What is a Category 3 hurricane?

According to NOAA, well-built homes can sustain significant damage, and coastal communities can experience a storm surge of 9-12 feet. Damage to utilities is often widespread and can last weeks. The 2000s were chalked full of Category 3 strikes, which included Hurricanes Ivan, Jeanne, Dennis, Katrina, Rita and Wilma.

A hurricane with maximum sustained winds of 111-129 mph is considered to be a Category 3 cyclone on the Saffir-Simpson Hurricane Wind Scale.

Once a hurricane strengthens into Category 3 storm it is considered to be a major hurricane.

The wind scale does not take into account flooding, erosion, tornadoes or storm surge that are often deadly during a Category 3 hurricane.

According to NOAA, well-built homes may incur major damage and many trees will snap and block roadways.

Power outages in coastal and inland communities are usually substantial, with restoration efforts taking weeks to complete.

Along the coast, a Category 3 hurricane can produce a storm surge from 9 to 12 feet, which can propagate inland along rivers and creeks. Large waves along the coast can cause severe erosion and devastation of oceanfront properties.


Prior to the arrival of a storm, widespread evacuations are issued, which extend many miles inland.

After the passage of a Category 3 hurricane, clean-up of debris may take several months.

Once sustained winds are greater than 129 mph, a hurricane is considered to be a Category 4 on the Saffir-Simpson scale.

A Category 4 storm is capable of producing devastating to catastrophic damage, and similar to a Category 3, the cyclone is considered to be a major storm.

On average, three cyclones strengthen into a Category 3 hurricane every season, with the first forming around September 1 and the last towards the end of October.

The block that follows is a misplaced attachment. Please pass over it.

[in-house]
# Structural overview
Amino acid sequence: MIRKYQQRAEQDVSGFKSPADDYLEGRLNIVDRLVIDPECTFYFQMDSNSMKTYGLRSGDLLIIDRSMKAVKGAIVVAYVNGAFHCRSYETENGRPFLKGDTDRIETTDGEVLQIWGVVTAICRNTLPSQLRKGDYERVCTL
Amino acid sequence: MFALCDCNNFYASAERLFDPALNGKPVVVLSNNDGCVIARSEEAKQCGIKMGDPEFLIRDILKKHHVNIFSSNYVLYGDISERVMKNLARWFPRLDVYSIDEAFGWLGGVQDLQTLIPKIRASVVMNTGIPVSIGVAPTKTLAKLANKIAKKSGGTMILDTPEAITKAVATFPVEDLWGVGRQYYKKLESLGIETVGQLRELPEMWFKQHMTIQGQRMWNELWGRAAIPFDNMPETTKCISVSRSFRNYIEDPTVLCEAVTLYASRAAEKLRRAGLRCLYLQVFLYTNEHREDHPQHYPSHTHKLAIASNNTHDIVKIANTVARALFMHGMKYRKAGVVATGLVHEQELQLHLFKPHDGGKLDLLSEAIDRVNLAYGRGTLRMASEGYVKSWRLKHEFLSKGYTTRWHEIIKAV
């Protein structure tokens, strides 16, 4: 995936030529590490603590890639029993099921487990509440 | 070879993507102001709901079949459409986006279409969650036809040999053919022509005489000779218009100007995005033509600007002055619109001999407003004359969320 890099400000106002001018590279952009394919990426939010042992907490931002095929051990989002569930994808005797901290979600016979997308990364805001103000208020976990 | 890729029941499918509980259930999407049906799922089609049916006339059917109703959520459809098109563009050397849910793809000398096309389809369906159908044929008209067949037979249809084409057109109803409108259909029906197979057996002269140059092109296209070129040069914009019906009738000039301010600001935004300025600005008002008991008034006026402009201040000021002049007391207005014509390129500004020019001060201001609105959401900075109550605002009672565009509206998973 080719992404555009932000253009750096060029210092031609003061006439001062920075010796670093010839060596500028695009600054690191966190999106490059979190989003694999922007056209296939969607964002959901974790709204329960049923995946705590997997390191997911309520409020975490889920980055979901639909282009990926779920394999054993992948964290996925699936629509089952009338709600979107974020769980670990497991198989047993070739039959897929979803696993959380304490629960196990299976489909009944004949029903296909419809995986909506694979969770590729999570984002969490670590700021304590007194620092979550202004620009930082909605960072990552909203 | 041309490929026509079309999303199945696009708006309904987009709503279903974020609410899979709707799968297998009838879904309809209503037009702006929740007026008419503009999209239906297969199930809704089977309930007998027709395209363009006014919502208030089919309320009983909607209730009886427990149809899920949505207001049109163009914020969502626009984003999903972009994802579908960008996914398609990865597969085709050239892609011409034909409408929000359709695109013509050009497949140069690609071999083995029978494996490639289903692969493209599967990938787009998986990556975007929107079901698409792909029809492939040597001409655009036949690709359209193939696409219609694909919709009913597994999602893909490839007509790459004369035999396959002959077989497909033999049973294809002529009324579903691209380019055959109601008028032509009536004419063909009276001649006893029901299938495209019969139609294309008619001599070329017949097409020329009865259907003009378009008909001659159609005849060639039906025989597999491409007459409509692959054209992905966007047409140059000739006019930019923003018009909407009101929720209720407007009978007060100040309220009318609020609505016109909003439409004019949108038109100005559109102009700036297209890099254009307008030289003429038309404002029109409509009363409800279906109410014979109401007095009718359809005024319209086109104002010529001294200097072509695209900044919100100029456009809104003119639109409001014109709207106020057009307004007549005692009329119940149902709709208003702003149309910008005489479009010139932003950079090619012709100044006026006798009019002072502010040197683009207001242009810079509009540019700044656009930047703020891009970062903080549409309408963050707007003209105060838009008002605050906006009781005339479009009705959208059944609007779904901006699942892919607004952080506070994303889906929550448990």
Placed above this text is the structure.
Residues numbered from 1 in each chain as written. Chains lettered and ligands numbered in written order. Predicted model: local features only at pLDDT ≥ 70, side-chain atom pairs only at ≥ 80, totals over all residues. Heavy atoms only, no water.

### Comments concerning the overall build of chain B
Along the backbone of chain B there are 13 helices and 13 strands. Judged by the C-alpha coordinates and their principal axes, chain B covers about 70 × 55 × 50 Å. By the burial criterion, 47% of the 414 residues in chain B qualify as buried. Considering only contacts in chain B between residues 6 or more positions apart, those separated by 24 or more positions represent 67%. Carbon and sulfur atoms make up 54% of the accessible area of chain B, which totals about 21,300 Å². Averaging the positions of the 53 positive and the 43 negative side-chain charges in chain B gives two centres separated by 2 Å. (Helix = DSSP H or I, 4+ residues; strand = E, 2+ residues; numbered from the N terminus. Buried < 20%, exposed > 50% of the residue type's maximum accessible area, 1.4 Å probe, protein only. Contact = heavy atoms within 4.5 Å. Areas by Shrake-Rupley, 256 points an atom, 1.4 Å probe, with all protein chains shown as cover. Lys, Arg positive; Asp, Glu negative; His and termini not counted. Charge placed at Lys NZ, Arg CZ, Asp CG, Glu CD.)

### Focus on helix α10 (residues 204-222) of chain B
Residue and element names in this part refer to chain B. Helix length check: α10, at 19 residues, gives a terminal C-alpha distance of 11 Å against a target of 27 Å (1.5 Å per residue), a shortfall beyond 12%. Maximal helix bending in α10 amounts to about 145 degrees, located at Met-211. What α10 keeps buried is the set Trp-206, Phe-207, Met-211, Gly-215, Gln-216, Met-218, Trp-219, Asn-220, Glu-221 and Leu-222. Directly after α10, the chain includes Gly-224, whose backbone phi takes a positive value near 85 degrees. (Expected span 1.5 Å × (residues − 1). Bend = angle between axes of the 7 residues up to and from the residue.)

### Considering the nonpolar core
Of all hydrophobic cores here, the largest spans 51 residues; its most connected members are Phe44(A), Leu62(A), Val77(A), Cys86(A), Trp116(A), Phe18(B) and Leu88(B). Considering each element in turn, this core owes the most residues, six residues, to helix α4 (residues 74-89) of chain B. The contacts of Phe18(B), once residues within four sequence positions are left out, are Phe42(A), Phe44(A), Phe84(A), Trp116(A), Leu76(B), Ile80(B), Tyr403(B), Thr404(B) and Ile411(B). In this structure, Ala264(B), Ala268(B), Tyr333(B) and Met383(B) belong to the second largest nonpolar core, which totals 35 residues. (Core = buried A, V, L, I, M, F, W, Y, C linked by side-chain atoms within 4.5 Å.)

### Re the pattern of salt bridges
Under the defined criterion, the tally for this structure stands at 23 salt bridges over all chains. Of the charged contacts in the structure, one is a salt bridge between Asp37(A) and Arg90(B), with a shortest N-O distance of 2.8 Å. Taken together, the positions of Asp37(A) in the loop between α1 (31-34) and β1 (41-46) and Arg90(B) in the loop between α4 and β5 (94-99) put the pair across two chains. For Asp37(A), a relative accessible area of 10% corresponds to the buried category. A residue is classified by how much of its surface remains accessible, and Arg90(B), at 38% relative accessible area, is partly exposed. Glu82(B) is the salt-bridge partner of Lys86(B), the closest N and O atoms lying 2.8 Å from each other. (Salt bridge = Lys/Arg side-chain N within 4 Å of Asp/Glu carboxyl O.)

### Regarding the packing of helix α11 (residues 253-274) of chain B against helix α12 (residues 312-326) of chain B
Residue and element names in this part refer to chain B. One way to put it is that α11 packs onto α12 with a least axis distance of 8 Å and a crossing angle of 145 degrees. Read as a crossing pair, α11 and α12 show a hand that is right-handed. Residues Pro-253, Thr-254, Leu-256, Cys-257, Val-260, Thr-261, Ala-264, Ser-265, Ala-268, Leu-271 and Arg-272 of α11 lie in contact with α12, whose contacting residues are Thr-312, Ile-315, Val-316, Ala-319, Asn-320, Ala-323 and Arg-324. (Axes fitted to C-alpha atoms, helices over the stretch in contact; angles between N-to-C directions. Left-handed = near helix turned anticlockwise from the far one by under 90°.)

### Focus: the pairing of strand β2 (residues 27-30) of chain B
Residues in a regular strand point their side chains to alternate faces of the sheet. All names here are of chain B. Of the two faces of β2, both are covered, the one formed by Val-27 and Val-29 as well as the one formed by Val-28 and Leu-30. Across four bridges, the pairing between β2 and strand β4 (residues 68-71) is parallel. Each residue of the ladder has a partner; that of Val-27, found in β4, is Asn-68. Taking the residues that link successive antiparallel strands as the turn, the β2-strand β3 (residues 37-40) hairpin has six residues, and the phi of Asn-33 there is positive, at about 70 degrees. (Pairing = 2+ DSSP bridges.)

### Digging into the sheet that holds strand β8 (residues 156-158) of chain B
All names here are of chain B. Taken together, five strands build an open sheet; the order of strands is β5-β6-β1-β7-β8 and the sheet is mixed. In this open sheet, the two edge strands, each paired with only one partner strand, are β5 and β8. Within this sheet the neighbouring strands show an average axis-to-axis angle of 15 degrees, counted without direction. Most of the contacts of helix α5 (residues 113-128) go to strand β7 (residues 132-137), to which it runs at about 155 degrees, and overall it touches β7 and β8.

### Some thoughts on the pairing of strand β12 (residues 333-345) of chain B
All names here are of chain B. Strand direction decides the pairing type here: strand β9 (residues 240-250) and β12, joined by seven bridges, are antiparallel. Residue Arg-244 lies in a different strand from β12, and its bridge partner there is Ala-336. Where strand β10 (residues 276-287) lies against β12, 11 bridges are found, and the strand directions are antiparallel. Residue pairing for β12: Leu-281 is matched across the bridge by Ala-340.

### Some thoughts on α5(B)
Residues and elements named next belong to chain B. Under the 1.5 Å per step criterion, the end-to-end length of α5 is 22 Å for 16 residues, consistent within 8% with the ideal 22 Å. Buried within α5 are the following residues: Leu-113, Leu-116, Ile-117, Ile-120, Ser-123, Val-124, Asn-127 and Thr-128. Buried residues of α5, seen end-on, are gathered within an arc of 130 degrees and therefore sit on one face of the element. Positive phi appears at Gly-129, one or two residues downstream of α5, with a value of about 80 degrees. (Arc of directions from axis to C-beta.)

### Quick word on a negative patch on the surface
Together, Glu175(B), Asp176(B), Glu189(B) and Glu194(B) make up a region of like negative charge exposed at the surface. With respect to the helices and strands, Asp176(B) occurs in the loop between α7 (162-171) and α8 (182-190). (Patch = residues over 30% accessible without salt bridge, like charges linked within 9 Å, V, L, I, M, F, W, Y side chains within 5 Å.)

Memorable Category 3 strikes on the U.S.

Hurricane Zeta (115 mph) – 2020

  • Location: Cocodrie, Louisiana
  • U.S. damage: $3.9 billion
  • The hurricane was the twenty-seventh named cyclone of the 2020 season, and its name was used from a supplemental list from the Greek alphabet. Initially, the cyclone was declared a Category 2 at landfall, but that was upped to a Category 3 by a post-review by the National Hurricane Center. The late-season hurricane caused significant damage from the Gulf Coast through North Carolina.

Hurricane Wilma (120 mph) – 2005

  • Location: Collier County, Florida
  • U.S. damage: $19 billion
  • Hurricane Wilma holds the record for being the strongest cyclone in the Atlantic basin. In 2005, the minimum central pressure dropped to 882 millibars. The hurricane weakened to Category 3 strength before making landfall in Southwest Florida. The storm caused at least 30 deaths around the state and significant power outages lasted for weeks. Many of the Florida Keys were inundated by a storm surge of 4-8 feet.

Hurricane Katrina (125 mph) – 2005

  • Location: Buras, Louisiana
  • U.S. damage: $108 billion
  • Hurricane Katrina strengthened into a Category 5 storm while over the Gulf of Mexico but weakened into a Category 3 before landfall in southeastern Louisiana. The failure of dams and a significant storm surge around New Orleans caused around 75% of the region to flood. Katrina holds records for being the costliest hurricane in U.S. history and the deadliest weather event in modern history.